FINTRAC has assured the government that it recognizes the importance of ensuring
its database contains only information it is authorized to hold. I understand
that FINTRAC is now taking steps to limit information it receives from reporting
entities, and is developing a framework to destroy quickly all extraneous
information reporting entities may have sent to them.
Senator Fraser: Honourable senators, I hope that is the way it works
out. What Ms. Stoddart said about FINTRAC is a reminder of a more generalized
concern, difficulty, problem, that exists, particularly in this era of concern
about terrorism. The Government of Canada or its bodies have many lists. The
government has lists not only under FINTRAC. It has no-fly lists; it has lists
of terrorist individuals or organizations, not to mention the various lists and
databases that exist within the Canadian Security Intelligence Service, the
RCMP, et cetera. We all know, because these lists are compiled by human beings,
that sometimes inaccurate information appears there; sometimes people appear on
a list who have no business being there. Maybe they had a reason to be on the
list in year 1, but in year 1 plus 10 or 20 years, they no longer deserve to be
on those lists. However, nowhere does there seem to be any clear policy to get
people's names off these lists. Periodically, in committee, I have asked the
heads of various agencies how one gets off their lists or out of their data
bases once one is in them or on them, and the response has tended to be a rather
pitying smile, followed by evasion of the issue.
Can this government assure us that it will adopt a policy to ensure that
while necessary information is compiled and retained, those accumulations of
unnecessary, irrelevant and often erroneous information will regularly be purged
from all of these databases?
Senator LeBreton: I thank the honourable senator for the question.
Obviously, this subject is of great concern. We have a Privacy Commissioner who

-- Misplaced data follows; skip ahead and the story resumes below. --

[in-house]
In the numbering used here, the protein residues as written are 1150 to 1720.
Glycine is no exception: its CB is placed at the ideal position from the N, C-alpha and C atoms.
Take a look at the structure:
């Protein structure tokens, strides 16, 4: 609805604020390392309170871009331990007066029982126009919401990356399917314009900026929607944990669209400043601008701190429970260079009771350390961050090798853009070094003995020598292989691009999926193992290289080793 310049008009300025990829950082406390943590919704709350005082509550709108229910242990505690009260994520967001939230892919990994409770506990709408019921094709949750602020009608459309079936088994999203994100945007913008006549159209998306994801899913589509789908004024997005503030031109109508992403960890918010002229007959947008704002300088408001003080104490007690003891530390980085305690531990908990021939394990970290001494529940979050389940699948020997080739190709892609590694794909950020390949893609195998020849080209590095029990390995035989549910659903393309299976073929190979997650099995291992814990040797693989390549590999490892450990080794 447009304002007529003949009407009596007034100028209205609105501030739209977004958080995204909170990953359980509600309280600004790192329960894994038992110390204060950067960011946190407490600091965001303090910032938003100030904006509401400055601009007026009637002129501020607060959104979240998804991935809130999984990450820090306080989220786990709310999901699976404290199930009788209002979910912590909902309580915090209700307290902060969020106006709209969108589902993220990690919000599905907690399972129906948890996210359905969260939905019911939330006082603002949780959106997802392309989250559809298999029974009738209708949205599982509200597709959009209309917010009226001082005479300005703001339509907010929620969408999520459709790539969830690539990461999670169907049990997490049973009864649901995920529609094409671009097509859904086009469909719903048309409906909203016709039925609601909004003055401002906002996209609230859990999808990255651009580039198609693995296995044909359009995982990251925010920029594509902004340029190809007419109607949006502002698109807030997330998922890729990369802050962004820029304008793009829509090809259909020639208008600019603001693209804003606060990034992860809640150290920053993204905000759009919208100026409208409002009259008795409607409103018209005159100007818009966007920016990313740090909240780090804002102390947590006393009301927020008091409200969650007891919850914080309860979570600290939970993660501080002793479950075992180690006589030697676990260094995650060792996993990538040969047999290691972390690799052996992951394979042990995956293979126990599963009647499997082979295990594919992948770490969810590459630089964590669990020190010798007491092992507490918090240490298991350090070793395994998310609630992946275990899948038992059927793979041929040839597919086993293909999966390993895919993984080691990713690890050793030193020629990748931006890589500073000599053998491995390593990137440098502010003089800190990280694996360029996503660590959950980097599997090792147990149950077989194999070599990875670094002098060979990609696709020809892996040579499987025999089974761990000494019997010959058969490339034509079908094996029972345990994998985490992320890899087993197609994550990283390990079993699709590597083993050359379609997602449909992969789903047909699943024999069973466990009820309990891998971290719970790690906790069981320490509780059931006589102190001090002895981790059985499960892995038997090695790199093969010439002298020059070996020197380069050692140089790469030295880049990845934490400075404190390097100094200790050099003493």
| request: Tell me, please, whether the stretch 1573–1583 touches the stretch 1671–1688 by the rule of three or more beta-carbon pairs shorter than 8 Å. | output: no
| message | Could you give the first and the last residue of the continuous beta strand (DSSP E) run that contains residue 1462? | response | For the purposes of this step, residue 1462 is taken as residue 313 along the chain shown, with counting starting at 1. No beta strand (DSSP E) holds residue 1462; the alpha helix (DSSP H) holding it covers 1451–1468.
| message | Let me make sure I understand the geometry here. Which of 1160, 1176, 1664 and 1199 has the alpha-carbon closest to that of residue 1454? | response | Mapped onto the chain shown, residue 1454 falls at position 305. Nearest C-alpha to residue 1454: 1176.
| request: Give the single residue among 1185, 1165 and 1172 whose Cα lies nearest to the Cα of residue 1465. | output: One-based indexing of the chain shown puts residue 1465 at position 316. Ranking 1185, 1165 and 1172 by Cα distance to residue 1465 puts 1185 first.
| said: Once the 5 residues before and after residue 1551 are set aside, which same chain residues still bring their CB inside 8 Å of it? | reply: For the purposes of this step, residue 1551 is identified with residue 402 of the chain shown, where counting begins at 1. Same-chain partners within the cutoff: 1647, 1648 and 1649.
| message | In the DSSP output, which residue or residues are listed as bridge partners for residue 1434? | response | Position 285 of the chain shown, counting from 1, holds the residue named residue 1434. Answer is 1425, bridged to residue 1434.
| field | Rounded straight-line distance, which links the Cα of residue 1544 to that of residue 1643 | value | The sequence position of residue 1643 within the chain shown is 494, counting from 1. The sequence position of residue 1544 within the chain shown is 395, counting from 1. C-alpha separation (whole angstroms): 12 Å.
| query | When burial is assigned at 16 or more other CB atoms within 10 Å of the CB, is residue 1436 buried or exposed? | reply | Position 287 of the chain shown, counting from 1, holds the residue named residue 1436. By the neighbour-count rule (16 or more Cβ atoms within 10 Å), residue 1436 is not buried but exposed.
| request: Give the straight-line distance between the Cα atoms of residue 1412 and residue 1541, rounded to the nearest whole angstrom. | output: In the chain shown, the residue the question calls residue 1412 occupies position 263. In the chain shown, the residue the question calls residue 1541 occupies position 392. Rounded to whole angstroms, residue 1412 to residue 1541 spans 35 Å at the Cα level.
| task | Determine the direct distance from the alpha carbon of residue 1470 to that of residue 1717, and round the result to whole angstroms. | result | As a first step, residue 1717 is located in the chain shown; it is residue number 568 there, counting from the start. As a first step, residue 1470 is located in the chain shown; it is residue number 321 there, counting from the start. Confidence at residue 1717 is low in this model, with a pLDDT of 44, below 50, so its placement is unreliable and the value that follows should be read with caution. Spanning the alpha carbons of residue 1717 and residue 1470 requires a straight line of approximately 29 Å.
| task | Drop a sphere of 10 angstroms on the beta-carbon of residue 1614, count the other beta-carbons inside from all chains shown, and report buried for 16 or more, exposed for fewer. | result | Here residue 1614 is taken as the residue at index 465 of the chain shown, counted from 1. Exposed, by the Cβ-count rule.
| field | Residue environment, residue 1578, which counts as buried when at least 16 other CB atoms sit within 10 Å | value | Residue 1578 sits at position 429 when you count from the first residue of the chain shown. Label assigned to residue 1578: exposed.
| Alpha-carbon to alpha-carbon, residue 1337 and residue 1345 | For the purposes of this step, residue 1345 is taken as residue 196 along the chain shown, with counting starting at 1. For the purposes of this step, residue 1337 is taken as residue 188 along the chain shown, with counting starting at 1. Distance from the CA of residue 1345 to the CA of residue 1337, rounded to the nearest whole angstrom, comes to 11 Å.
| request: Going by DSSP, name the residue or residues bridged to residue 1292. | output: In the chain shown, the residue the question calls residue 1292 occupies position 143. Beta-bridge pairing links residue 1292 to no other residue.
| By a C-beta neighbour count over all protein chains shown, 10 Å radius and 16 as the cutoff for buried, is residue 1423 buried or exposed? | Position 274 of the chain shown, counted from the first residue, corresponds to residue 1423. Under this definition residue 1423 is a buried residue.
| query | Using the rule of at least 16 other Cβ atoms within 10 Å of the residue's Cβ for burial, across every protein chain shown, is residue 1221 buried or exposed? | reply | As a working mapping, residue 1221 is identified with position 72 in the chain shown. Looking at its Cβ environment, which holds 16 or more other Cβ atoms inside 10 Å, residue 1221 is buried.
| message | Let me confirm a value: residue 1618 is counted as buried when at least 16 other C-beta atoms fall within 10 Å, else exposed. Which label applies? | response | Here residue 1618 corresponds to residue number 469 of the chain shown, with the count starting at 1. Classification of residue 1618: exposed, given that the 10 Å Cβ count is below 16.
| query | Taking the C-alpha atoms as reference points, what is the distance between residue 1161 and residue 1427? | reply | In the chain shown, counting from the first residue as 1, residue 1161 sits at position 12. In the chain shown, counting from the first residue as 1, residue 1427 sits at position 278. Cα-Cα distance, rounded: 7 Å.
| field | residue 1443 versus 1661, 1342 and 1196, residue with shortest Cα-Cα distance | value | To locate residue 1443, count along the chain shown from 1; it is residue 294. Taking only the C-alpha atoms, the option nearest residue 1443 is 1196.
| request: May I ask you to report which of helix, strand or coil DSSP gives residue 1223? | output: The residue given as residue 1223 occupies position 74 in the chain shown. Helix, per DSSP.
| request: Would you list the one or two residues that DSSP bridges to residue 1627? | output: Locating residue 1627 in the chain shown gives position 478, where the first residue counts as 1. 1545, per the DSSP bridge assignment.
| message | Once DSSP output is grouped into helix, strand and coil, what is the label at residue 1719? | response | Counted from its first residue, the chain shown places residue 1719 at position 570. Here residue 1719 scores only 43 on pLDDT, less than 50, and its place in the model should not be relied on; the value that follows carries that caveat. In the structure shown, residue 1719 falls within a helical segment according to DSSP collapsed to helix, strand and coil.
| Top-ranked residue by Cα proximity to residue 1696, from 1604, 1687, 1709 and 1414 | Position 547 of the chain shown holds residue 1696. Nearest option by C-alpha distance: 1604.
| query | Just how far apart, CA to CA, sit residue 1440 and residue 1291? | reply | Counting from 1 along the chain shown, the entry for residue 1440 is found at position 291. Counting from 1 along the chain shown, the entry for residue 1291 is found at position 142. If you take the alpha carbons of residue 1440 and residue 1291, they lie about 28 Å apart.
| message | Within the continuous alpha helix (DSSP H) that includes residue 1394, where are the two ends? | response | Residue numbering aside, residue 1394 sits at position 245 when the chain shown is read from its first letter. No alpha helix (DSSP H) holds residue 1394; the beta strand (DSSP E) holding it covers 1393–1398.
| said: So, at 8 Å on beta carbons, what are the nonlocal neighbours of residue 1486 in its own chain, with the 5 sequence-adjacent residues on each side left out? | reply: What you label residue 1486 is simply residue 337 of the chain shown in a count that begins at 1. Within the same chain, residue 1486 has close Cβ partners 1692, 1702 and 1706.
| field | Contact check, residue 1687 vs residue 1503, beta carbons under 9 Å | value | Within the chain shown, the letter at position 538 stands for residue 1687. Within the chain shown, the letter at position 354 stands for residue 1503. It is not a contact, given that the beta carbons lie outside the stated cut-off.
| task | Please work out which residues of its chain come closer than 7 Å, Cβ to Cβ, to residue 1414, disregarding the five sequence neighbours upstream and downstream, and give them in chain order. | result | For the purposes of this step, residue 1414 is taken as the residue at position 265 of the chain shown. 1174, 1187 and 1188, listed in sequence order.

made a report, FINTRAC has accepted the report, and they have made assurances to
the government. We must have faith in our institutions, in our bureaucracy, and
in people like the Privacy Commissioner in that the recommendation has been made
and assurance has been given to the government. It is not something that the
government takes lightly, but on the other hand, we have to have faith and trust
in the individuals that we put in positions of responsibility to pay heed to the
recommendations of the Privacy Commissioner and live up to the commitments they
have made to the government to quickly dispose of information that has been sent
to them that they have no requirement for.
Therefore, I will not prejudge the system. We have every reason to have great
faith in our system. We have the Privacy Commissioner, an officer of Parliament,
who takes her position seriously and has looked at this matter and made
recommendations. FINTRAC, in this case, has made some commitments to the
government, and we are beholden to give them a chance to live up to those
With regard to the no-fly list, Transport Canada has worked with the Privacy
Commissioner, and hopefully that situation will also improve.
However I, quite rightly, will not comment on editorializing about the body
language of the public servants who appear before committees.
Senator Fraser: I was not asking the minister to do so; I was just
giving her the closest faithful report that I could of experience I have had
while a senator.
However, what I was urging the leader and her colleagues to take into serious
consideration is that we are dealing with a systemic tendency. It is not a
partisan difficulty. These lists were being compiled under predecessor
governments and will continue to be compiled under successor governments. I am